The chemical composition of oil found
in the environment yields
important clues about where it came from. The process
of determining where an oil residue originated is what
scientists call "fingerprinting” or “source fingerprinting." Source fingerprinting is a complex procedure that is part art and part science, relying both on the experience of the analytical chemist and on the results of ratios between certain components in a mix. Similar to the literal uses of fingerprinting, experienced chemists can analyze the evidence left at a "crime scene" (spill site) to make a reasonable determination of "whodunit"that is, if a residue is, in fact, oil, where it might have originated, and, possibly, who spilled it. For example, the U.S. Coast Guard uses such forensic methods to determine whom the "responsible party" is when an oil spill with no known source washes up on a shoreline.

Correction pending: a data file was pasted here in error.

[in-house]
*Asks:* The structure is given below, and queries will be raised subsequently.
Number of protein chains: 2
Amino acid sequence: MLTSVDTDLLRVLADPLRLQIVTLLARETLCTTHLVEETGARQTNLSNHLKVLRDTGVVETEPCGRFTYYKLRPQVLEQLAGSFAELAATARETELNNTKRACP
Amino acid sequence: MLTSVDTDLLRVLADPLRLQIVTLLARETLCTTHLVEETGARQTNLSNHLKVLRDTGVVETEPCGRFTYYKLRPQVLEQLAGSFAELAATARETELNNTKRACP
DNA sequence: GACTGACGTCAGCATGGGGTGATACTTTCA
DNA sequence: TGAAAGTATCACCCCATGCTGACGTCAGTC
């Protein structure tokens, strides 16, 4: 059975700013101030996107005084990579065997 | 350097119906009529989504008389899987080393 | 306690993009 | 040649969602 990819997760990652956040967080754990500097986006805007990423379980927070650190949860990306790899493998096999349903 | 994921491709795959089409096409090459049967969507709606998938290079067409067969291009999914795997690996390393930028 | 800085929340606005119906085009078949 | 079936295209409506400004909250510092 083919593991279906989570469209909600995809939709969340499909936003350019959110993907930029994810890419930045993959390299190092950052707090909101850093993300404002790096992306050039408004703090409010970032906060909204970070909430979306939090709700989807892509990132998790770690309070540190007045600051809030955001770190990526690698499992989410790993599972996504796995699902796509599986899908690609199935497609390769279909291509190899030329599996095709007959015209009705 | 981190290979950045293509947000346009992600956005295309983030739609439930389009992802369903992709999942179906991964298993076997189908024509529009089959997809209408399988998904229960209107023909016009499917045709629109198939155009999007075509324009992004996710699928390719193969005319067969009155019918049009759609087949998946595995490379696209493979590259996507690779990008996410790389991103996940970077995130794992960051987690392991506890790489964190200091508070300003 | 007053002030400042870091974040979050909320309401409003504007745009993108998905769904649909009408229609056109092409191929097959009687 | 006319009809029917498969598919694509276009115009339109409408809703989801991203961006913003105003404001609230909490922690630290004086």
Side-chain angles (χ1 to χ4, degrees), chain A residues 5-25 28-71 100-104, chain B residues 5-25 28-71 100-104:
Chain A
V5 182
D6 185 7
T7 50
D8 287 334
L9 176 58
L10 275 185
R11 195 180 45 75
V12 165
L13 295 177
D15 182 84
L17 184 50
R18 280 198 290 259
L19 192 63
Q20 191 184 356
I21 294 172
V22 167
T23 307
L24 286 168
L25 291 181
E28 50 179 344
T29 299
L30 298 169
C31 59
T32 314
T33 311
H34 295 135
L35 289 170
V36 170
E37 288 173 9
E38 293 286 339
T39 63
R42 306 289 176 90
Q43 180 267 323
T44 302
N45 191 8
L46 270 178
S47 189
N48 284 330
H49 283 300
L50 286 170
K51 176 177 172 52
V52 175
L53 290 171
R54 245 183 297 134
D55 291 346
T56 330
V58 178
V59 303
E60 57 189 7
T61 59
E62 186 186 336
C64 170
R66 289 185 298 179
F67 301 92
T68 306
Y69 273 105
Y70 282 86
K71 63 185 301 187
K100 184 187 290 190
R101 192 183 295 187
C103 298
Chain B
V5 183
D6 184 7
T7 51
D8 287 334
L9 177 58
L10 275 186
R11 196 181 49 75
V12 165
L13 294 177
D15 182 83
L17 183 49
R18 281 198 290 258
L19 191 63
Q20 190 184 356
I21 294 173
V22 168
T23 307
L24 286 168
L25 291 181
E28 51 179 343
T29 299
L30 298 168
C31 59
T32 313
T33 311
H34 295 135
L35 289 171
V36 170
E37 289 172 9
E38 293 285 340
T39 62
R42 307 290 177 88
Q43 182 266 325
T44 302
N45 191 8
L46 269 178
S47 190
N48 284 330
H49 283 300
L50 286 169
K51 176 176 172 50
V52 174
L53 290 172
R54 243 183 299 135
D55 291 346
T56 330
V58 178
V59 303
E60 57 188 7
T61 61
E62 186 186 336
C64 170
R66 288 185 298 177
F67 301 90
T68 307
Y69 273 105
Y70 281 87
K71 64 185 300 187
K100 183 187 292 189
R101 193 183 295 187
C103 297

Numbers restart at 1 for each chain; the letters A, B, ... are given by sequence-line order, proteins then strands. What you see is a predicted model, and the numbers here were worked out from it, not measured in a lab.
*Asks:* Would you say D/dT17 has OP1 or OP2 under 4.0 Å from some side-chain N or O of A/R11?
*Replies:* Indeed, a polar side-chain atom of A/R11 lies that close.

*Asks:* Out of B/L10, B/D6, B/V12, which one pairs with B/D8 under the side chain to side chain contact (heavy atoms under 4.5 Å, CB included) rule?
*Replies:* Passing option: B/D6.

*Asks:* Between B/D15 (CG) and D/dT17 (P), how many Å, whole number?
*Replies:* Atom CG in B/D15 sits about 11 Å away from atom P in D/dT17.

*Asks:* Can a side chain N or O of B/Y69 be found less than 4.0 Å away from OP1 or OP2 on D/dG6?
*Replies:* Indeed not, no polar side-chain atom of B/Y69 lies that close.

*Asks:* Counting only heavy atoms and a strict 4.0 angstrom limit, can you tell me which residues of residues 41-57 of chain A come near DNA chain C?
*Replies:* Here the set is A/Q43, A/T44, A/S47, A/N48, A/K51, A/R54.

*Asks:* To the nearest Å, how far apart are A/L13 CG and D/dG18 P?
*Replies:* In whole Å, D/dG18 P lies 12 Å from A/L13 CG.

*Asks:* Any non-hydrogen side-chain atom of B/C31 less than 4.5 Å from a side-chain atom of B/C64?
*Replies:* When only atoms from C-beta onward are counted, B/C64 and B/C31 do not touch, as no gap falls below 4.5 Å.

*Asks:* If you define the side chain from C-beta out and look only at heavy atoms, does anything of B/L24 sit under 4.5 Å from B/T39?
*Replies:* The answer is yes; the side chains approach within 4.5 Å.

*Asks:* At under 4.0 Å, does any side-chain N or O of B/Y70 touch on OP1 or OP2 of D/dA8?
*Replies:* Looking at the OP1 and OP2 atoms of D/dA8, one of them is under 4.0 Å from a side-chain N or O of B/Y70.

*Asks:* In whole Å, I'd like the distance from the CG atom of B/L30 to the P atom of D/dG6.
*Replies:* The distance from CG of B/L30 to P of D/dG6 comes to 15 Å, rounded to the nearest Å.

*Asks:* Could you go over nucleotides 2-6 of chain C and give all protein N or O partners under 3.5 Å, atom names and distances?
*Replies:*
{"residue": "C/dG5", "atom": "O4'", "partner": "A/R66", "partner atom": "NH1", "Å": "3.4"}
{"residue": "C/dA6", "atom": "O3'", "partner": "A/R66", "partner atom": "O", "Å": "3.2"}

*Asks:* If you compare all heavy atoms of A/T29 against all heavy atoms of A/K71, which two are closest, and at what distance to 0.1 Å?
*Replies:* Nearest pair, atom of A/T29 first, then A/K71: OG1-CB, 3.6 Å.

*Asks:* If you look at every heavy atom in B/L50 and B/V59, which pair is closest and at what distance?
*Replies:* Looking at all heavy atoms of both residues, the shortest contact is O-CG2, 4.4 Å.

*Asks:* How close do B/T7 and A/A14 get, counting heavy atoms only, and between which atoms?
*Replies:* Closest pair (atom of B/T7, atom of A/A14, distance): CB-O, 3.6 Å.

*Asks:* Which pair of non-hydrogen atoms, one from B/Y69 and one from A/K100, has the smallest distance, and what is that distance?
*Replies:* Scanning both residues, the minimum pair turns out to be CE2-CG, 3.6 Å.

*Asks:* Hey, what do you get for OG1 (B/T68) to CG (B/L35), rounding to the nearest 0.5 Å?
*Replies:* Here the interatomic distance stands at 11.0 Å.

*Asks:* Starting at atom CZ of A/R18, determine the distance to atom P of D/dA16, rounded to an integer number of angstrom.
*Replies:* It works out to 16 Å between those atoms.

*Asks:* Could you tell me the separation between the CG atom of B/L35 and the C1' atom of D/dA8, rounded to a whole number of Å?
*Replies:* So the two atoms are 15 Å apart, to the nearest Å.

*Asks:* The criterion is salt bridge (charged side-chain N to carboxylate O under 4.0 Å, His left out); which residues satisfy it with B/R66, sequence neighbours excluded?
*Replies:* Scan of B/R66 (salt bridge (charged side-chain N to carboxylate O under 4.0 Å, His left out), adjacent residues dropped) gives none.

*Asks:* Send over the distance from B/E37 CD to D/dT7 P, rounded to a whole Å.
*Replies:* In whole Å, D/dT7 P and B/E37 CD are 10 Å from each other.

Oil is a mixture of many different chemicals. Not only does each chemical have its own toxicity, but each also behaves differently in the environment.
The sum of these physical and biological
processes results in what scientists call "weathering" of the oil, which is reflected in the changes in chemical composition of oil residues over time. The more closely the chemical composition of a residue resembles that of the unspilled oil, the "fresher" it is. In Prince William Sound, chemists tell us that the remaining Exxon Valdez oil ranges from very weathered to relatively fresh. What does this mean? In general, scientists have found that the more exposed to the elements the oil is, the more rapidly it weathers. Accordingly, the least weathered oil can still be found under the
surface, or as buried residues of the original oil.